Hmm, my Manjaro boot directory is empty

I just went to boot Manjaro as usual from grub only to be greeted with:

error: file ‘/boot/initramfs-kernelname.img’ not found

When I view the boot directory from my EndeavourOS partition, the Manjaro /boot is indeed completely empty. I personally haven’t deleted it or changed anything there, so I’m at a loss to explain it…

Any help would be much appreciated.

I suppose that “kernelname” in /boot/initramfs-kernelname.img is a placeholder? I.e., it actually said something like “initramfs-5.15-x86_64.img”?

Is your /boot normally a seperate fs? Check /etc/stab on that partition from Endeavour if not sure.

Thanks for the reply. Yes, that’s correct. I have several Manjaro boot entries and none of them now work.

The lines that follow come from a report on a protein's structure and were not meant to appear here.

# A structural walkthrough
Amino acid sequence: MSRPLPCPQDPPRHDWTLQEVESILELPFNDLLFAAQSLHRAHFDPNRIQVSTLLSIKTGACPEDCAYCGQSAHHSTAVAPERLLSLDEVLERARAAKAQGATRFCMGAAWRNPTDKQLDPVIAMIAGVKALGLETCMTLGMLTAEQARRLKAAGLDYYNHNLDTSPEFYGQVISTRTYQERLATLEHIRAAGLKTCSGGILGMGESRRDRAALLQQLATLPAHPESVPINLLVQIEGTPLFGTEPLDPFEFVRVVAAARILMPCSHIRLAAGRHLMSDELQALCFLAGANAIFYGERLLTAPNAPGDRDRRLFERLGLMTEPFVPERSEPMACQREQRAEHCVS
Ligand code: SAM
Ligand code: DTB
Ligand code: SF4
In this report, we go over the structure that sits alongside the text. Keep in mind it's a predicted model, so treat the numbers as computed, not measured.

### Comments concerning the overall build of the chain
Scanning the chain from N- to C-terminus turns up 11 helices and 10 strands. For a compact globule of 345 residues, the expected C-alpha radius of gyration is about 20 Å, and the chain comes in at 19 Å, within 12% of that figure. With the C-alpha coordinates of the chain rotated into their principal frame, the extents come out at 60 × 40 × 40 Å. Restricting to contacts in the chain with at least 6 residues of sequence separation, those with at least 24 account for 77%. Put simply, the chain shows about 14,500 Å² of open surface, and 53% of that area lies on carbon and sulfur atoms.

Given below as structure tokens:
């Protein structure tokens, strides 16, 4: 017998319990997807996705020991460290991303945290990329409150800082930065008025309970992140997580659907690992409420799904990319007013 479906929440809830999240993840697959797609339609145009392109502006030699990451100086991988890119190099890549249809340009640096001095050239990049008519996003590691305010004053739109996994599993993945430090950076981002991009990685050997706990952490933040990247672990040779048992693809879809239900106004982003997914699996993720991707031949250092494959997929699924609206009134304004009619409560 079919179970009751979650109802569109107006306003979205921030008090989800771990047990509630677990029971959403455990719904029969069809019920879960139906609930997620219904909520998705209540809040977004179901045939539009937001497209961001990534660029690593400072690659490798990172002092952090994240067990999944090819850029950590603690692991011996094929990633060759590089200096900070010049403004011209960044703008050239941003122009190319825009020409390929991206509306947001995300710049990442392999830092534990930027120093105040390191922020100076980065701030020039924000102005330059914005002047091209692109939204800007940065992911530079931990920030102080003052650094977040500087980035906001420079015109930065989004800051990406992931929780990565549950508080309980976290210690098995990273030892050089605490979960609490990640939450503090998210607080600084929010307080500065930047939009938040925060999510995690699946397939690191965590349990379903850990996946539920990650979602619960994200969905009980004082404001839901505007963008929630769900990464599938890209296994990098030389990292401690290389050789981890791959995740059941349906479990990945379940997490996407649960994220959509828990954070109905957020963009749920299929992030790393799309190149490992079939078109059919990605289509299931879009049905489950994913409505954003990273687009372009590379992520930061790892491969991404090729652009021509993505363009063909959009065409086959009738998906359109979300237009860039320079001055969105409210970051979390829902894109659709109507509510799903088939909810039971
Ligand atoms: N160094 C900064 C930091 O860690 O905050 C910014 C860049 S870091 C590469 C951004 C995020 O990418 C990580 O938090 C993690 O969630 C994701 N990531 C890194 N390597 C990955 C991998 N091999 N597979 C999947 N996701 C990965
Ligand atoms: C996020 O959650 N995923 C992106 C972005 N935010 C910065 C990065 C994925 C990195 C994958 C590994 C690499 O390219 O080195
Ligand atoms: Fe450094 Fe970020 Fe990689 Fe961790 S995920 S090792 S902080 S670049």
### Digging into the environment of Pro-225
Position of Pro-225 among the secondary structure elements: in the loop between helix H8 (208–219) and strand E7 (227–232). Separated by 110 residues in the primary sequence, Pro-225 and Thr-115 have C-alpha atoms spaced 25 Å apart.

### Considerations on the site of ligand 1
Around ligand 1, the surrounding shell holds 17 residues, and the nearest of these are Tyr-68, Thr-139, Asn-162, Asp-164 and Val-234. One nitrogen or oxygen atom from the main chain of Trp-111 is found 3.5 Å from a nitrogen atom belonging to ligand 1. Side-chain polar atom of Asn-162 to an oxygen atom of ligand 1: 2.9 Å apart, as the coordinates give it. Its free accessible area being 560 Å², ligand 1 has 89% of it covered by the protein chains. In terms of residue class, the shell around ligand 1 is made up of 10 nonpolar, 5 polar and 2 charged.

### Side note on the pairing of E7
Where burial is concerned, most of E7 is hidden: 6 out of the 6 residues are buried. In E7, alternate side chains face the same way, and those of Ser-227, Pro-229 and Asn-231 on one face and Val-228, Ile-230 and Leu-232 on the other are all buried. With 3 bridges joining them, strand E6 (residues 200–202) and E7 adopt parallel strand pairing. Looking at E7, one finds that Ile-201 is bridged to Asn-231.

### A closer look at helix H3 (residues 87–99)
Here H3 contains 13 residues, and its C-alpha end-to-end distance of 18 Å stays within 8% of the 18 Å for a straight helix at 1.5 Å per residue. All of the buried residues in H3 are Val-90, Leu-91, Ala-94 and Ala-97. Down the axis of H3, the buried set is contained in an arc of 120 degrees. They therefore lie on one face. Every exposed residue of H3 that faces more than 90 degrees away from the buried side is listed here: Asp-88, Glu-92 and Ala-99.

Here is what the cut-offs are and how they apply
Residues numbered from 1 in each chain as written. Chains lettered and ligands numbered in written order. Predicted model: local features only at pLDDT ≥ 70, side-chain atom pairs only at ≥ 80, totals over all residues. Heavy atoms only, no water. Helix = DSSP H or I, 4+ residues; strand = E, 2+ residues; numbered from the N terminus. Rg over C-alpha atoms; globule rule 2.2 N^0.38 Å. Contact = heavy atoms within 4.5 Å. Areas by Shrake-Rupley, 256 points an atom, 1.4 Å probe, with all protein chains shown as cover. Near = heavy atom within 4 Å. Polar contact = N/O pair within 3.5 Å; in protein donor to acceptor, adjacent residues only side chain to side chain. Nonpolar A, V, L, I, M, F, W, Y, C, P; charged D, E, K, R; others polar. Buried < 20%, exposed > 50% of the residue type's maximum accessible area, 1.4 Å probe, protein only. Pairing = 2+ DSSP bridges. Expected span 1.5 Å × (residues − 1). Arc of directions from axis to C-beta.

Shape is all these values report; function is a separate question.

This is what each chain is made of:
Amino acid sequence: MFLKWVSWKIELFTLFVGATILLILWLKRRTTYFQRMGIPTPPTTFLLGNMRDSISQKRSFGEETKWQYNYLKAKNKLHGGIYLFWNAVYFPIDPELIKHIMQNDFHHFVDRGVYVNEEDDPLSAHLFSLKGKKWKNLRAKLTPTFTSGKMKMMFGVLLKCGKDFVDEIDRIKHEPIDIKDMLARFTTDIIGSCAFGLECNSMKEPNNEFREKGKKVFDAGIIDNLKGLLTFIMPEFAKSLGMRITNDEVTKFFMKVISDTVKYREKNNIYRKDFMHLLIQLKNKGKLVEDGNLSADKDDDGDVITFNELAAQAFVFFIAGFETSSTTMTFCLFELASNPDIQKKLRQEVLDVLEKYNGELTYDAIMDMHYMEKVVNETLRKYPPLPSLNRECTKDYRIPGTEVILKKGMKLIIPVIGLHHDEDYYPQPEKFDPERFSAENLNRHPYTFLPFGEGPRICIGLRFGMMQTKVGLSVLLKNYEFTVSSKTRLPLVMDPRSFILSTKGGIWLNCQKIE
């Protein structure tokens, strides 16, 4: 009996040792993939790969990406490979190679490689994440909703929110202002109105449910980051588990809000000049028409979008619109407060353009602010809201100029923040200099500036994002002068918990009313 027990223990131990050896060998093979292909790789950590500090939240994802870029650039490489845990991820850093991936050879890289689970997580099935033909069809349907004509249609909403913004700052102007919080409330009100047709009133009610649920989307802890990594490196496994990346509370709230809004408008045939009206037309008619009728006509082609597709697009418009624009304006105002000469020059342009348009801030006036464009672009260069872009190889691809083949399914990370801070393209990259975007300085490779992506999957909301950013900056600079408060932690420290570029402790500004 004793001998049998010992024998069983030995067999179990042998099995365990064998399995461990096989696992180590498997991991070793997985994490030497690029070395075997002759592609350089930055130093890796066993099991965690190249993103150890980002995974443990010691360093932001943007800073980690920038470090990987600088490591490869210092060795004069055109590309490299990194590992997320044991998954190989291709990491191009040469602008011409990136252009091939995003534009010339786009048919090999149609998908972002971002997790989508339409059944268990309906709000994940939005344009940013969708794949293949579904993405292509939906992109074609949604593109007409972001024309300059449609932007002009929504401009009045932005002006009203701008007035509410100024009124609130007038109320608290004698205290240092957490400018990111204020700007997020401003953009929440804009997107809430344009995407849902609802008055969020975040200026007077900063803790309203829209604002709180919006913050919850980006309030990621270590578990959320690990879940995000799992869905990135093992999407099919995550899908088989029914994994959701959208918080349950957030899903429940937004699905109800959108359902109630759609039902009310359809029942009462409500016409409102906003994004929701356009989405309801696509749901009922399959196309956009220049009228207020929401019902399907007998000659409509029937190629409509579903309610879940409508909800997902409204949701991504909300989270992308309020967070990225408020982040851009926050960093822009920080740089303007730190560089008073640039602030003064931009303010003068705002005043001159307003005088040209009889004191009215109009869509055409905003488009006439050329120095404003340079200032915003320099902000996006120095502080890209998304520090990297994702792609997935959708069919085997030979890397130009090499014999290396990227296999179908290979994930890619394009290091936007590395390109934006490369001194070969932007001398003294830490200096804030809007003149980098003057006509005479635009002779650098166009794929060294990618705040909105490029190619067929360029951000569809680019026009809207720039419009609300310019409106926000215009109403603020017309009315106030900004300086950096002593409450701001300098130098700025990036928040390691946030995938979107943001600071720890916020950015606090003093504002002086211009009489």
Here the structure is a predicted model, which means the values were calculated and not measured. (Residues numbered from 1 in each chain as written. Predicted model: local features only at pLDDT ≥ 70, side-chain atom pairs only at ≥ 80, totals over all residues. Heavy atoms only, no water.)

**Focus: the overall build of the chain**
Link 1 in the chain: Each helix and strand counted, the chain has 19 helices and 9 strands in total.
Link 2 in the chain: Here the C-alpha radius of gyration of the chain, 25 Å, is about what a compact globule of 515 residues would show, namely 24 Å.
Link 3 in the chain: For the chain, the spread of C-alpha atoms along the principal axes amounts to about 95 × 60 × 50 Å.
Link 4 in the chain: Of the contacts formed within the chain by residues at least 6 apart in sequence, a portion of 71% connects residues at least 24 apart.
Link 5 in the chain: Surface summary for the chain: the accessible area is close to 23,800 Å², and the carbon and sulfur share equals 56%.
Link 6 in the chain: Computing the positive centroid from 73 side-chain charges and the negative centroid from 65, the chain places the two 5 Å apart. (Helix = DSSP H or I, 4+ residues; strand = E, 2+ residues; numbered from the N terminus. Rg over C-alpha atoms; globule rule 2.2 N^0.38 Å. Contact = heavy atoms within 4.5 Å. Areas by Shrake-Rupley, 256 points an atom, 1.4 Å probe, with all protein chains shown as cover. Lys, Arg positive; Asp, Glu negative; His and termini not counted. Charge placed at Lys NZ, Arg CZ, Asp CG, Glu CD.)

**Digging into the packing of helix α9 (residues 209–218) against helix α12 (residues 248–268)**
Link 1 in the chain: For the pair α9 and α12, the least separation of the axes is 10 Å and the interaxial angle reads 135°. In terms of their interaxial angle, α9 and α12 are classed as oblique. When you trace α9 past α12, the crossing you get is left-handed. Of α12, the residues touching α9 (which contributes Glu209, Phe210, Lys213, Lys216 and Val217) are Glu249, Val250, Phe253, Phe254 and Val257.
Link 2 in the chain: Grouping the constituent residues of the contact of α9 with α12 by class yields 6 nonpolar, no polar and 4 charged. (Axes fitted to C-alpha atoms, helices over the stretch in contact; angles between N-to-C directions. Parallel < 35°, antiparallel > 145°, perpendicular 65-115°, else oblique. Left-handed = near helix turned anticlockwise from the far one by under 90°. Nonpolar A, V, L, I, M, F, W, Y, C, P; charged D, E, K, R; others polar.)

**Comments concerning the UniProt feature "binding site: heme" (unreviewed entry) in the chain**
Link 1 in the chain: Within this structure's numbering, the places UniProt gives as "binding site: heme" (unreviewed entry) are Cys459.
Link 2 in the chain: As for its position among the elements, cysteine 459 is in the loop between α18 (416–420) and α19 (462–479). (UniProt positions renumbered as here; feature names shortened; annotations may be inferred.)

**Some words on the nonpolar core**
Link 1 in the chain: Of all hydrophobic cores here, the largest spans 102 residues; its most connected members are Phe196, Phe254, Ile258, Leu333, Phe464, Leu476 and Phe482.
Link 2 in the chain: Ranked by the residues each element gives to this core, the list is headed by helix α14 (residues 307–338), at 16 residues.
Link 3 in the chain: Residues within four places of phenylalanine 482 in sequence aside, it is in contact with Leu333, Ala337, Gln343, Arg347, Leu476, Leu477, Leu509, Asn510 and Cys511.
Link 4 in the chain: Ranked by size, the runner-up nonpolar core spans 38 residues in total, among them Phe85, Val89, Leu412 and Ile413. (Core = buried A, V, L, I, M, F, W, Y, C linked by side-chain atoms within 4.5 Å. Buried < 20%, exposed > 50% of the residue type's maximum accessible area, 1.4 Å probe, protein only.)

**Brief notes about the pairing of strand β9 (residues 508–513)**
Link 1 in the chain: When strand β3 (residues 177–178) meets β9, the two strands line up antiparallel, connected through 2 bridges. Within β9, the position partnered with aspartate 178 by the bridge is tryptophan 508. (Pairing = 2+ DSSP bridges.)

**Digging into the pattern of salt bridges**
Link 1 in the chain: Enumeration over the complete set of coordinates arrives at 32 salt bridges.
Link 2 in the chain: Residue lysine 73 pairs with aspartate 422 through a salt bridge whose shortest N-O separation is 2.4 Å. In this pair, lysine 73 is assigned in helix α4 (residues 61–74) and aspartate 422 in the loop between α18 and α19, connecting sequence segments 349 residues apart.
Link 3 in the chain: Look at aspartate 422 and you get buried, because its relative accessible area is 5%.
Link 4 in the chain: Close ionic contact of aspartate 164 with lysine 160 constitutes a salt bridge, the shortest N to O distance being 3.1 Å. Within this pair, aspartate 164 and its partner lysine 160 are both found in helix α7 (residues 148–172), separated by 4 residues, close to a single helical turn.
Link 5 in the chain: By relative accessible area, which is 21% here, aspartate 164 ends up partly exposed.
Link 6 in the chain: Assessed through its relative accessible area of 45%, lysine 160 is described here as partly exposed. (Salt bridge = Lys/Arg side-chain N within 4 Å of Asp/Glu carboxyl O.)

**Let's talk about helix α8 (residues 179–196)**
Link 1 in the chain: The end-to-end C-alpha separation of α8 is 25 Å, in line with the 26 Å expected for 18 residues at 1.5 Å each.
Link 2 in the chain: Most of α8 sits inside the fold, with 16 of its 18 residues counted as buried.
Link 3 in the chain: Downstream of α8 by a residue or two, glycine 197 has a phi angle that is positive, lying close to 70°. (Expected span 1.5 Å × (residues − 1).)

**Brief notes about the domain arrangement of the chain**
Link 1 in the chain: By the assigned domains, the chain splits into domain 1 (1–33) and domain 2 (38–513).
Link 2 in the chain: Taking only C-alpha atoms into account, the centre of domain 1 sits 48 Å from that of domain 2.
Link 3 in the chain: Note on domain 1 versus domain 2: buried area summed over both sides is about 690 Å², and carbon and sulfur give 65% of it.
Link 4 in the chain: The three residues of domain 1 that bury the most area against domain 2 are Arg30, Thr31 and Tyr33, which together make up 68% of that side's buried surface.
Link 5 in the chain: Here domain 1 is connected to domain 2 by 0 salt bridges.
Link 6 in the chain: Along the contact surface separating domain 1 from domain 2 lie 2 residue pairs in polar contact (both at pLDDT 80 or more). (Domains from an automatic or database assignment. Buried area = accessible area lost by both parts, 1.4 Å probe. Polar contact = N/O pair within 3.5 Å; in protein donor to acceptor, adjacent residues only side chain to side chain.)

I have EndeavourOS on my my main SSD and Manjaro and OpenSUSE on my second SSD. The others all boot OK.

So as to be able to advise we really need to know whether or not your /boot was on a separate fs; if it is, seeing it empty from Endeavour would be expected. Yes, not too likely probably but an emptied /boot also isn’t so let’s make sure: check /etc/fstab on your Manjaro partition (as you said you could see from Endeavour) and see if it mentions anything about /boot.

It says this:

UUID=2DCB-8B08 /boot vfat defaults,noatime 0 2
UUID=aa6c1363-5b98-4342-a144-88d6db83f80a / ext4 defaults,noatime 0 1
tmpfs /tmp tmpfs defaults,noatime,mode=1777 0 0

Are you reallyreallyreally sure that says /boot and not /boot/efi? If you are then it seems you’ve placed all of your boot onto the ESP and that should really not be the case and should then be repaired.